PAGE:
Having your wisdom teeth removed is a rite of passage of sorts for teenagers. A vestige of our caveman ancestors, our wisdom teeth make up a third set of molars and usually need to be extracted before they begin to cause havoc with the alignment of our other teeth. At New Smiles Dental, we offer wisdom teeth extraction.
What Are Wisdom Teeth?
In earlier human history, it made sense to have a third set of molars. Our diets consisted of leaves, roots, nuts, and some very tough meat. All of this required far greater chewing power and caused greater wear and tear on our teeth. To make room for this extra set of molars, prehistoric jaws were longer than our jaws are today.
Obviously, modern man enjoys a diet that is much easier to chew, so our wisdom teeth are no longer needed. They are classified as vestigial organs — organs that are no longer of any use. Your appendix is one of these, as are your wisdom teeth. Unfortunately, our wisdom teeth still descend. Our first set of molars erupt around age six, the second set at age 12, and the third set (wisdom teeth) somewhere between the ages of 17 and 25. That’s where the “wisdom” moniker comes from, as by that age, hopefully, we are a little bit wiser than our younger days.
Wisdom Teeth Extraction
We can get away with our tailbone and appendix, but the arrival of our wisdom teeth is invariably bad news. If we still had longer jaws everything would be fine, but our modern shorter jaw length means there isn’t any room for a third set of molars. So, when your wisdom teeth come down they become impacted (blocked) by the other teeth. They can come in sideways and push on the adjacent teeth. They are sometimes surrounded by bone. Often one wisdom tooth will partially erupt, creating pockets in the gums that are perfect places for bacteria to thrive.
Although you may know someone who still has their erupted wisdom teeth in place, people like that are very rare. Others seem to never have had their wisdom teeth come down and cause havoc. Those few are evolutionarily advanced. For the rest of us, wisdom teeth simply cause the other teeth to be pushed out of position and other dental issues to arise. Thus the need for them to be extracted.
Candidates for Wisdom Tooth Extraction
The team at New Smiles keeps an eye on your wisdom teeth. They show up in x-rays and we chart their path as they begin to descend. In most cases, waiting to extract them isn’t a good idea. They may take all the way until age 25 to erupt, but just their presence next to other molars can cause problems. The best plan is to proactively remove them. Why? When a teenager is between the ages of 15 and 18 his or her wisdom tooth roots are only two-thirds formed, making this the perfect time to yank them out. Wait until their 20s and extraction will become more involved.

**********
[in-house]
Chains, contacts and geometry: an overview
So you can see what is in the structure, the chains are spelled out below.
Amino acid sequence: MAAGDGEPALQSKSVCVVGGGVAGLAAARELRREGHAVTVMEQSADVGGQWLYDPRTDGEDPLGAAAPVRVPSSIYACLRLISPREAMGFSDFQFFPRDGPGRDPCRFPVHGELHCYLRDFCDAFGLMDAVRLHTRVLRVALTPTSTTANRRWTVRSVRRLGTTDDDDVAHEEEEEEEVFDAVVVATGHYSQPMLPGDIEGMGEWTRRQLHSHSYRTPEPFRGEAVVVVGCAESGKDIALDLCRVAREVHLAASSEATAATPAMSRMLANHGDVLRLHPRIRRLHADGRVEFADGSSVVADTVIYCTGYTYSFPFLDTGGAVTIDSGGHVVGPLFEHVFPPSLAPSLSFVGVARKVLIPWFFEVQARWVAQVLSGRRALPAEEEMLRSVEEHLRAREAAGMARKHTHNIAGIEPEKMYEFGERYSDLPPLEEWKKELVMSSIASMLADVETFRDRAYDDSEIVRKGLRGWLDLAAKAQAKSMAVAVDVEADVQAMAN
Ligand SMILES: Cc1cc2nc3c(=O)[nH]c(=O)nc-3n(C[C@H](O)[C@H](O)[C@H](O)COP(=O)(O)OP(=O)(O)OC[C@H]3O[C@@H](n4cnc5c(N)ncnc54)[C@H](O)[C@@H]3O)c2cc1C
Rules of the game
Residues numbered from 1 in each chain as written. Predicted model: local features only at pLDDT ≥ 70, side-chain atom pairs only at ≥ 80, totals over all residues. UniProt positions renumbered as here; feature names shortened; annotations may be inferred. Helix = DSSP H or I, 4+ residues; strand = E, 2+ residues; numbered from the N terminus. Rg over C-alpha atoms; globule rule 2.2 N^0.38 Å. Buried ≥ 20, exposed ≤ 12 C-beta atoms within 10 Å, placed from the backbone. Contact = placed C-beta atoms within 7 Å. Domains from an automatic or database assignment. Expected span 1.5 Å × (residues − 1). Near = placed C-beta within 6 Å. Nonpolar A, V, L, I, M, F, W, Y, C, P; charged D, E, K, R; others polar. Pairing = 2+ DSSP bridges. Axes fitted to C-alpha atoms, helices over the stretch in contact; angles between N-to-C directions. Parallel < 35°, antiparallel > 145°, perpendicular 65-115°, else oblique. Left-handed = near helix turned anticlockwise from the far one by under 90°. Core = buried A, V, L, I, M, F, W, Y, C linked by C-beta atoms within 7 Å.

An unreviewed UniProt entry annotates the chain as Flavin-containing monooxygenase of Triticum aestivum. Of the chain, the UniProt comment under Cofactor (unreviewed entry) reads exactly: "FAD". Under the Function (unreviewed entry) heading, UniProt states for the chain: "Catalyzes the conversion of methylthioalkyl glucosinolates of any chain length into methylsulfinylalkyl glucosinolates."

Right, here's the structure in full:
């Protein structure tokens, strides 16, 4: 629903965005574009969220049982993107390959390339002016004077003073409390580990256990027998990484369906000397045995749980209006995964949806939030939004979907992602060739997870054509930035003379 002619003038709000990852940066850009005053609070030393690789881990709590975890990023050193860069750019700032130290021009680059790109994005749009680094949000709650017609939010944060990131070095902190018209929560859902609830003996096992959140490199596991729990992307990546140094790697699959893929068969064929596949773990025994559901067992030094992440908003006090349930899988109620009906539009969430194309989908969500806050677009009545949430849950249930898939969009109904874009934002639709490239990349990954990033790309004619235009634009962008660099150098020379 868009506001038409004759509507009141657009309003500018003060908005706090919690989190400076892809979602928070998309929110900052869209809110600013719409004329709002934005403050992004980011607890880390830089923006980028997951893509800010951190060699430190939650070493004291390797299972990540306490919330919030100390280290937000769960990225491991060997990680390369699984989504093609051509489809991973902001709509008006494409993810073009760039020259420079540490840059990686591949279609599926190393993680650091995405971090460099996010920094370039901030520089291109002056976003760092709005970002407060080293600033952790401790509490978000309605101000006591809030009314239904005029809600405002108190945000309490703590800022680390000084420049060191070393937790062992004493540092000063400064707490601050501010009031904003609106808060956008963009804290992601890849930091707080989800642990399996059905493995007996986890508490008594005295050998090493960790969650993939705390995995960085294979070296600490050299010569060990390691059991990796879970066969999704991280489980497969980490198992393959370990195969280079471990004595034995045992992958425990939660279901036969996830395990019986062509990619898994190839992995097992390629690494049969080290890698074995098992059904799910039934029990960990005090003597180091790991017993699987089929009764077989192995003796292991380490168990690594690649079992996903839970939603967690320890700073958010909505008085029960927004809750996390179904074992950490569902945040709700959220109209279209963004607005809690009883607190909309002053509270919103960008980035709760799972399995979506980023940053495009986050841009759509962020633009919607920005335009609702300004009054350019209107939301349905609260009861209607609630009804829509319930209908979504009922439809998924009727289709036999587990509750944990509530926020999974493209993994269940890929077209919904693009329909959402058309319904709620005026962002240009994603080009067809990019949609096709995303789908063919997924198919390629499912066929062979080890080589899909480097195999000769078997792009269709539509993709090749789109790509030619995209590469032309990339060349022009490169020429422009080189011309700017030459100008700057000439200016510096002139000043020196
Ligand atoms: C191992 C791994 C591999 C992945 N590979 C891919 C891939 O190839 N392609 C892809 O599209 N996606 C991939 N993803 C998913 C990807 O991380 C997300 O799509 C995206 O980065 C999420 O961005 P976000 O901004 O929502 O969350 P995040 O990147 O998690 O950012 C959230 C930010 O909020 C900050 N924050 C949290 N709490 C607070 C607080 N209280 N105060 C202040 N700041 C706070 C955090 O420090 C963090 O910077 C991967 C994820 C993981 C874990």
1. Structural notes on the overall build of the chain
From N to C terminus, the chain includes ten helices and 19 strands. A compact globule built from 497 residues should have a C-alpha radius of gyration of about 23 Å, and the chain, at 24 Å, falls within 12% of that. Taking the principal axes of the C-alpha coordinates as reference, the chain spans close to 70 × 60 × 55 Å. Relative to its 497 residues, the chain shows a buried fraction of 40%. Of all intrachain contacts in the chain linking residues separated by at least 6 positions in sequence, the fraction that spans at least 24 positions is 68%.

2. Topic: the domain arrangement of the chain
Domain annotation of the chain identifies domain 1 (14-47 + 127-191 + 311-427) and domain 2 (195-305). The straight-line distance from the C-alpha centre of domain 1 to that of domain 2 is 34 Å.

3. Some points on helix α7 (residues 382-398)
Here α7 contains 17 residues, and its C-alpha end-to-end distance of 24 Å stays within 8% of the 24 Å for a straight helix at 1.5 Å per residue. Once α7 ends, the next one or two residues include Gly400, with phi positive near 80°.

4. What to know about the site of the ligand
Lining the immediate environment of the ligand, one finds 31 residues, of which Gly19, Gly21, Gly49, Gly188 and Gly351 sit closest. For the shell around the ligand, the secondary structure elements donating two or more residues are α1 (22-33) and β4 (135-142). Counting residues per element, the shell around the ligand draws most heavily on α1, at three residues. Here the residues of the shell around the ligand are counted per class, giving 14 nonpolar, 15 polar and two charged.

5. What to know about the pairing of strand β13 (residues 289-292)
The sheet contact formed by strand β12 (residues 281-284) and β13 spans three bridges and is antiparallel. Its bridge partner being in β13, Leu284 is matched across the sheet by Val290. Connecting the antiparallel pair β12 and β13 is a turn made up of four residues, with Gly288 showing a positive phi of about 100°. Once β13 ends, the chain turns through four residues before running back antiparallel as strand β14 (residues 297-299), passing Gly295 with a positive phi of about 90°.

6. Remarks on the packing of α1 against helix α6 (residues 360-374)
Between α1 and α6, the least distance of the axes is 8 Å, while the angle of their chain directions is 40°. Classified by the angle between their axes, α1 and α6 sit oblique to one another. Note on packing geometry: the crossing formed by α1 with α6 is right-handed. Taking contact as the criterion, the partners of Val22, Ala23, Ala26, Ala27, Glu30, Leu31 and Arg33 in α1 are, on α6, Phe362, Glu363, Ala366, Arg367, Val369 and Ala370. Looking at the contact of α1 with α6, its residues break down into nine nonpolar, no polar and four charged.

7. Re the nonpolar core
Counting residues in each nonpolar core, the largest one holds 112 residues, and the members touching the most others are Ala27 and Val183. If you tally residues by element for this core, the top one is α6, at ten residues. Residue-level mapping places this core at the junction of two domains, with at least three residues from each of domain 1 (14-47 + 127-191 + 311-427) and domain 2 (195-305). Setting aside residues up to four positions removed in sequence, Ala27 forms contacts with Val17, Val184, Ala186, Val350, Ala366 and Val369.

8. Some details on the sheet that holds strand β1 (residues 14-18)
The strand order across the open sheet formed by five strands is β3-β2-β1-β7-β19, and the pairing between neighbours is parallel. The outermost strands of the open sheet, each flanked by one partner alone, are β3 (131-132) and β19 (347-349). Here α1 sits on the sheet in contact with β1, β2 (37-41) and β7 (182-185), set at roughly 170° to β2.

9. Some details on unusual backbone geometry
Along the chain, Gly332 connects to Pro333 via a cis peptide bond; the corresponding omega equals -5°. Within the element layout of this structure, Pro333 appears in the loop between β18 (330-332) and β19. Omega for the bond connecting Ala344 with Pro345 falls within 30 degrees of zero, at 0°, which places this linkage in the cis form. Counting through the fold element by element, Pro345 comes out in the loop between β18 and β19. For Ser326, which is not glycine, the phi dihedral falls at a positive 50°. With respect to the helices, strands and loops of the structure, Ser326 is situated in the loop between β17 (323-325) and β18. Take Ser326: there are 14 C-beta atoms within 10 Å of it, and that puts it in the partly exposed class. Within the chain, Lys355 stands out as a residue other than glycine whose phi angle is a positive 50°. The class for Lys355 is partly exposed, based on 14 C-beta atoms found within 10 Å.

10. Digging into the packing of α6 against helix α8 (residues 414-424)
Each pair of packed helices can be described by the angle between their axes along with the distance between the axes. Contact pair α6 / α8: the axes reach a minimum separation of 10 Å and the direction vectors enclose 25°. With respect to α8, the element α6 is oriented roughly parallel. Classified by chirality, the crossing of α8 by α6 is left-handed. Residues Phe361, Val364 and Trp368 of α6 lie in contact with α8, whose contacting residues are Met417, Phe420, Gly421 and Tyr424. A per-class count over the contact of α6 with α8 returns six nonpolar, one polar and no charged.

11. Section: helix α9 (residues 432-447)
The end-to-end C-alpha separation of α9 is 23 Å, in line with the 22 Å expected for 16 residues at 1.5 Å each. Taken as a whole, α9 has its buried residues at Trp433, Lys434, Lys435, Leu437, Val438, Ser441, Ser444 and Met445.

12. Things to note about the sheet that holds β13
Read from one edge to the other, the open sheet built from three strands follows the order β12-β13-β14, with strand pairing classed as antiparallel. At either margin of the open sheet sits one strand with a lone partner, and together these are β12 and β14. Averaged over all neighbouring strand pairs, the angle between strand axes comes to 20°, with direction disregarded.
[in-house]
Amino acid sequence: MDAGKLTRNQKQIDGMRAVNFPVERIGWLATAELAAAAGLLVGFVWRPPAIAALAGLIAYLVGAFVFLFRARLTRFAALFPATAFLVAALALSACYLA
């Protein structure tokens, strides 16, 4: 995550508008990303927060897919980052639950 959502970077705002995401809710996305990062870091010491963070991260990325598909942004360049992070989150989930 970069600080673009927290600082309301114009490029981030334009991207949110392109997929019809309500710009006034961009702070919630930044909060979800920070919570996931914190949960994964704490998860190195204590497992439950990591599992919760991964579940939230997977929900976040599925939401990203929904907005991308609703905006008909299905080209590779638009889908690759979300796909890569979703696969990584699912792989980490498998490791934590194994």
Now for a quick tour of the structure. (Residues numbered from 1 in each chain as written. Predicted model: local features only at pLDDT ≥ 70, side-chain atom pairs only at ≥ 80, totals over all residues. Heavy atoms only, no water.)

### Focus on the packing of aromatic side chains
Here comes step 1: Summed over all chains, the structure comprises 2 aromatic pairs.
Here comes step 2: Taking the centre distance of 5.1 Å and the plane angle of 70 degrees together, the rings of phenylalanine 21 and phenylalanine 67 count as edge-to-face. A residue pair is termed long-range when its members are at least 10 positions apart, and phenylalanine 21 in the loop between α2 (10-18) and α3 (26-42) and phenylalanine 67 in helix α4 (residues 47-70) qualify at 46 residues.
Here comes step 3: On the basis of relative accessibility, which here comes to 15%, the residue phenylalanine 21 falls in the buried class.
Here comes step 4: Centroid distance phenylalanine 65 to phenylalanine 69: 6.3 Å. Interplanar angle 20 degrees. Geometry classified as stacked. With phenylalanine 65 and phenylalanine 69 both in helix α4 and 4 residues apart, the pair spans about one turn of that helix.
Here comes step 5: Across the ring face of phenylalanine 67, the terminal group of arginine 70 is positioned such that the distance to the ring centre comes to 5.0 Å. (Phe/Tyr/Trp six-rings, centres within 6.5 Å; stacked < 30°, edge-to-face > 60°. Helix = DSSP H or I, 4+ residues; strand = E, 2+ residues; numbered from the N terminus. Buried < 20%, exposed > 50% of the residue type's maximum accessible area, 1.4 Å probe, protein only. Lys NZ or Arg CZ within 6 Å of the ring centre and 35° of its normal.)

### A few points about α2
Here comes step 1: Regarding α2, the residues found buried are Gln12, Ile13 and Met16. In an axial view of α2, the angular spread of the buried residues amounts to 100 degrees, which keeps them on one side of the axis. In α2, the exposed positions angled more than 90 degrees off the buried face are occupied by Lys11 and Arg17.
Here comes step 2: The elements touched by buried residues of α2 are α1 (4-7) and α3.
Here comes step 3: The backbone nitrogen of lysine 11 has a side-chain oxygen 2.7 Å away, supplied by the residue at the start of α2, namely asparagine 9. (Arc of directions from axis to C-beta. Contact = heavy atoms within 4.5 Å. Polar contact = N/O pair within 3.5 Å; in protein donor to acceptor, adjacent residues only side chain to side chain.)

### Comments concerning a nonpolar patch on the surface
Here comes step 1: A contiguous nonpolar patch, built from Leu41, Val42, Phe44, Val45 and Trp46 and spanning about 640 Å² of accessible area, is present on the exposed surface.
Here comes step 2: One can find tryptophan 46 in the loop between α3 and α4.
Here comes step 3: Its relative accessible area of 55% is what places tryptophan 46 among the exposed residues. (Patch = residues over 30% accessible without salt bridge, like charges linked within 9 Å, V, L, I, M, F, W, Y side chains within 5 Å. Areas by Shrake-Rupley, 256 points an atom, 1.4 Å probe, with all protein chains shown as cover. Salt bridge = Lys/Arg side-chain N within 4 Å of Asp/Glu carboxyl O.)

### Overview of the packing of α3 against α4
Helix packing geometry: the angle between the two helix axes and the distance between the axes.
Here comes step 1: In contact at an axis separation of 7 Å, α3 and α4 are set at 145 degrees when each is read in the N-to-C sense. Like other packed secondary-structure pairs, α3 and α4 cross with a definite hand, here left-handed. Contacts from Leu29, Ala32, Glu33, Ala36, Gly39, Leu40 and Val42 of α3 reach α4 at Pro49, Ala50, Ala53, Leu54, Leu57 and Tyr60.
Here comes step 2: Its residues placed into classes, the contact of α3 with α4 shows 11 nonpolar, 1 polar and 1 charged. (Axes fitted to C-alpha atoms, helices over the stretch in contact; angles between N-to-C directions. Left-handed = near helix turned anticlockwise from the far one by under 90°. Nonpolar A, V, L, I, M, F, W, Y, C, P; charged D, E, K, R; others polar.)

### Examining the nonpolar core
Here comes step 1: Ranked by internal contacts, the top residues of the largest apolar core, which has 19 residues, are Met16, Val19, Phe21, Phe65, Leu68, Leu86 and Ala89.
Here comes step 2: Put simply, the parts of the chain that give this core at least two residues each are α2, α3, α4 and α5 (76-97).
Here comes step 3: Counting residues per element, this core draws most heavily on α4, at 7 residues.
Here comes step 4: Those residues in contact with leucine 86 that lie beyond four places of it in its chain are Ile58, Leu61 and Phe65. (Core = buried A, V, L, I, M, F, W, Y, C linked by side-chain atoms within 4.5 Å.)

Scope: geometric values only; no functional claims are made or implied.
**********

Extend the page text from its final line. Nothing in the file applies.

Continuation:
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Wisdom Tooth Extraction Procedure
Wisdom teeth extraction is considered minor surgery, but don’t say that to your teen on the third day after their surgery. X-rays show us when the wisdom teeth are descending, which is another reason to be diligent with your twice yearly professional cleanings and exams. At a certain point, they will begin to either erupt or start pushing on the other teeth. That’s the time to remove them. It would be easy if they had all erupted, but that is very rare. Instead, usually, half the teeth are impacted. Often they’ll need to be broken to get them out to minimize the impact on the surrounding gum tissue and the jawbone. That’s where the third-day pain comes from.
Risks of Wisdom Tooth Extraction
As with any surgery, infection is the main potential complication, but if the patient rinses with saltwater and keeps his or her mouth relatively clean this risk can be minimized. You may have heard about “dry socket,” but its occurrence is also rare. This happens when the initial blood clot that forms when after-surgery bleeding has stopped becomes dislodged or dissolves. When this happens there is a direct line to the jawbone and the surrounding nerves. As you would expect, this is very painful, but treating it is not difficult.
Wisdom Tooth Extraction Recovery
In the majority of cases, your teenager will need about a week to return their old self. They will look like a chipmunk for the first few days, especially if the teeth were impacted, but that’s normal. When returning home from surgery, there will be bleeding, but that will usually stop in the first six hours or so. Our team will give you full instructions on how to handle your recovery.